“For brands that wanted to continue putting out content and messages to people during these times, it was more important than ever that those messages were relevant and took on the tone of what the world was going through. It became a fine line between people thinking, ‘this brand is using a tough time to get my money’ vs. ‘I see how this brand is helping,’ or ‘I see how this brand’s product of services can help me during a time like this.'”
Now, with many months of social-distancing and quarantining under our belts, Bonito says it’s time to make the conversation less about surviving the pandemic, and more about creating a sustainable strategy that can take clients through the next months and year.
“People were looking to social media in particular to get ideas on how to adapt and how others were adapting during this time, creating unique opportunities for brands to come in with the answers offering value in exchange for engagement,” she adds.
Encourage clients to stick with it for the long run.
Though many brands were already thinking about their digital footprint and internet presence, it became necessary once the pandemic started in March. Particularly for those in the retail or food industry who suddenly had to discover new ways to connect with their customers. During this fact-paced transition period, content marketers likely saw a significant uptick in leads, since they needed someone to take over their messaging in a high-pressure time.
As Nevogt explains, many businesses pivoted to focus on e-commerce, realized their strategies were out of date and hired a specialist to take on the task. Now that they’re caught up, there’s a chance they could start the need for a continued contract. It’s up to content marketers to prove them wrong, says Nevogt:
“Developing a content marketing strategy takes time and effort, and the most powerful effects are long-term. This isn’t like traditional lead generation ads where you can turn them on when you need a quick influx in traffic. Success in content marketing takes consistent effort over a long period of time, and once you start seeing results, it’s unwise to stop. That means you need to stay informed and continue to evolve your strategy based on the data you collect. Otherwise, you’ll waste time and effort you put in, and results will dwindle.”
Consider if you’re commenting because it’s relevant — or because it’s trendy.
One smart way to begin the conversation around adapting your content marketing plan is asking yourself these questions, according to Alyea Harris, the owner of Flourish Marketing:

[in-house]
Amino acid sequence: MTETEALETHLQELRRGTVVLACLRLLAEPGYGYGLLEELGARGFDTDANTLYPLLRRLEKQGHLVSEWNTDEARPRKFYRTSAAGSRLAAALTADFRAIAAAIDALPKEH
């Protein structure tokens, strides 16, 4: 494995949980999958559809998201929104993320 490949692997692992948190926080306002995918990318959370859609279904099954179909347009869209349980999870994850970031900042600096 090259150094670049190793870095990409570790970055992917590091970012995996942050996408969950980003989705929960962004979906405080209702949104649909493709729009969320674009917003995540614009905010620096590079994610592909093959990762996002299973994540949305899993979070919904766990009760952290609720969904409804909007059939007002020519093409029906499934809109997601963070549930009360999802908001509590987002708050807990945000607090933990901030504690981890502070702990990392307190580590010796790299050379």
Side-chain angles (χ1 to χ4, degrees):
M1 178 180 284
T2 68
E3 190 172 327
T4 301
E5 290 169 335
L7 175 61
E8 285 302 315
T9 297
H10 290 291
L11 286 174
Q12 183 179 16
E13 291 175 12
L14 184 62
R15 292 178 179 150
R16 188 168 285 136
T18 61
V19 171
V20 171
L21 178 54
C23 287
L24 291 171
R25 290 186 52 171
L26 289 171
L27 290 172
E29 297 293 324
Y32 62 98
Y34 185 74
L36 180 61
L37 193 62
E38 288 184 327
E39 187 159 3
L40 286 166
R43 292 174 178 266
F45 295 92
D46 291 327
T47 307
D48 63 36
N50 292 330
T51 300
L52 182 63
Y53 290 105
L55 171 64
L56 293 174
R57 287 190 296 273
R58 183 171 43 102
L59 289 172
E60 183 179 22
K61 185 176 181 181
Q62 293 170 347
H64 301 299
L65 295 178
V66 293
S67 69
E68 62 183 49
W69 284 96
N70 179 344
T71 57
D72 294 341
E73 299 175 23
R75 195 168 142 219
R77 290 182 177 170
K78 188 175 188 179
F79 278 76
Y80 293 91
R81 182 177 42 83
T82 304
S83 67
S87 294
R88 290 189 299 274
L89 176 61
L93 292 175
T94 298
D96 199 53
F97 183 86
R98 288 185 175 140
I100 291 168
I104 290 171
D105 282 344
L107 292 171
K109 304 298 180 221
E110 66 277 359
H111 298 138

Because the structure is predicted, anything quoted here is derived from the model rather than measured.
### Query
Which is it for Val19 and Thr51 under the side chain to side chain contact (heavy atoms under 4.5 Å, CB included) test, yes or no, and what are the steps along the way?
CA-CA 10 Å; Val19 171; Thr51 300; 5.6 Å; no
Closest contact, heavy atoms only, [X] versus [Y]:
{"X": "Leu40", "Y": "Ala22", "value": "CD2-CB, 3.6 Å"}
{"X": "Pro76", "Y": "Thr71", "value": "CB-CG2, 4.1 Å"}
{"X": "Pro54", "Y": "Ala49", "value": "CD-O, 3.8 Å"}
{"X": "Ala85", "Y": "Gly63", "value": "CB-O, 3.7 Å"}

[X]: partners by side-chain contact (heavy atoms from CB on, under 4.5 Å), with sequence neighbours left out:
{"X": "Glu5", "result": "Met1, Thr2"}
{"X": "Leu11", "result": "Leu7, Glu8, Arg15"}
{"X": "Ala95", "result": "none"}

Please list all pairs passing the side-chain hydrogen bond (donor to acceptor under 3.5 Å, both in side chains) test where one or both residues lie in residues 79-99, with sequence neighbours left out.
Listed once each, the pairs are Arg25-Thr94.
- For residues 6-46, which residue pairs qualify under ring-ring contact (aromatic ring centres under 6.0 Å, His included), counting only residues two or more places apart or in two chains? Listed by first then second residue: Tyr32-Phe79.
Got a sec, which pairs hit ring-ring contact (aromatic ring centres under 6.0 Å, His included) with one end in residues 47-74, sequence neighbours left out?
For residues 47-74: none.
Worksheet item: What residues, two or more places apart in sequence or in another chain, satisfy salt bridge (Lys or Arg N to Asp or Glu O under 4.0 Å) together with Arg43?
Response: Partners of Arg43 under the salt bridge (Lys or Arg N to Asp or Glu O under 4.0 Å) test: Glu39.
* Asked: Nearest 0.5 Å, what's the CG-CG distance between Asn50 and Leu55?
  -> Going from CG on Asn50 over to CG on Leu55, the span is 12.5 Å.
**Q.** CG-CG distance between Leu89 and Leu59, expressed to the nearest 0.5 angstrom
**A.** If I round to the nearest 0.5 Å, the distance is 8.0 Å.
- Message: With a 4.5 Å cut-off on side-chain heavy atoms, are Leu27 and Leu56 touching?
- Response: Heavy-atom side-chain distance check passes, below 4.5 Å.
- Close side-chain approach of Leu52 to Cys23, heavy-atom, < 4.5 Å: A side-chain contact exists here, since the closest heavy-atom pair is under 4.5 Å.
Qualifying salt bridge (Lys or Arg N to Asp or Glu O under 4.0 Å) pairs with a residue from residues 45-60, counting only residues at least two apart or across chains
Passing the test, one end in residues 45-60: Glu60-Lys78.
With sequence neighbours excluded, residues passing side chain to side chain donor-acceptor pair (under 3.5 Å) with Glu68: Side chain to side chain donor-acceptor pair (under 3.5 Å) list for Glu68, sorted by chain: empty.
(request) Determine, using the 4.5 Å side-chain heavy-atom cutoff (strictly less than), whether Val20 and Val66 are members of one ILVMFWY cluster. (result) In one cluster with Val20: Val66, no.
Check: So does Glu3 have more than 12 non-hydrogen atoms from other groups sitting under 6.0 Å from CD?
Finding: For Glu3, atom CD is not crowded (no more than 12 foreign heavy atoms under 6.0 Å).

- Am I commenting on this trend because it’s relevant? Or because it’s trendy?
- Am I adding anything of value to the conversation?
- Will I seem like I’m trying to take advantage of a social event to boost sales? Or do I have a genuine experience to share?
While a content marketing plan is a fluid framework that needs to reflect your ideal customer’s changing needs, you shouldn’t put your clients in the tricky situation of trying to stay ‘in the loop’ so much that you lose touch of their own brand and values.
When you do this, you could put your business and your own fortune at risk, says Harris:
“You could damage your reputation and make financial recovery more difficult. You could fail to capture the attention of new clients who are seeking to make a change from competitors whose messages are not resonating, too.”
If it’s not broken, don’t try to fix it.
While there are plenty of indicators, you should change your content marketing approach, there’s also a pretty straightforward reason you shouldn’t: it’s working. Though it may seem like a no-brainer, Tindall says sometimes content marketers try to make shifts to prove their value to their client, but sometimes, it’s okay to keep the engine running with minor tweaks:
“If your content marketing plan is performing well and connecting with your customers and prospects effectively, you may not need to overhaul your plan, but you may need to contemporize a few areas.”
It’s all industry and client-specific, so make sure to think critically on an individual basis with every plan.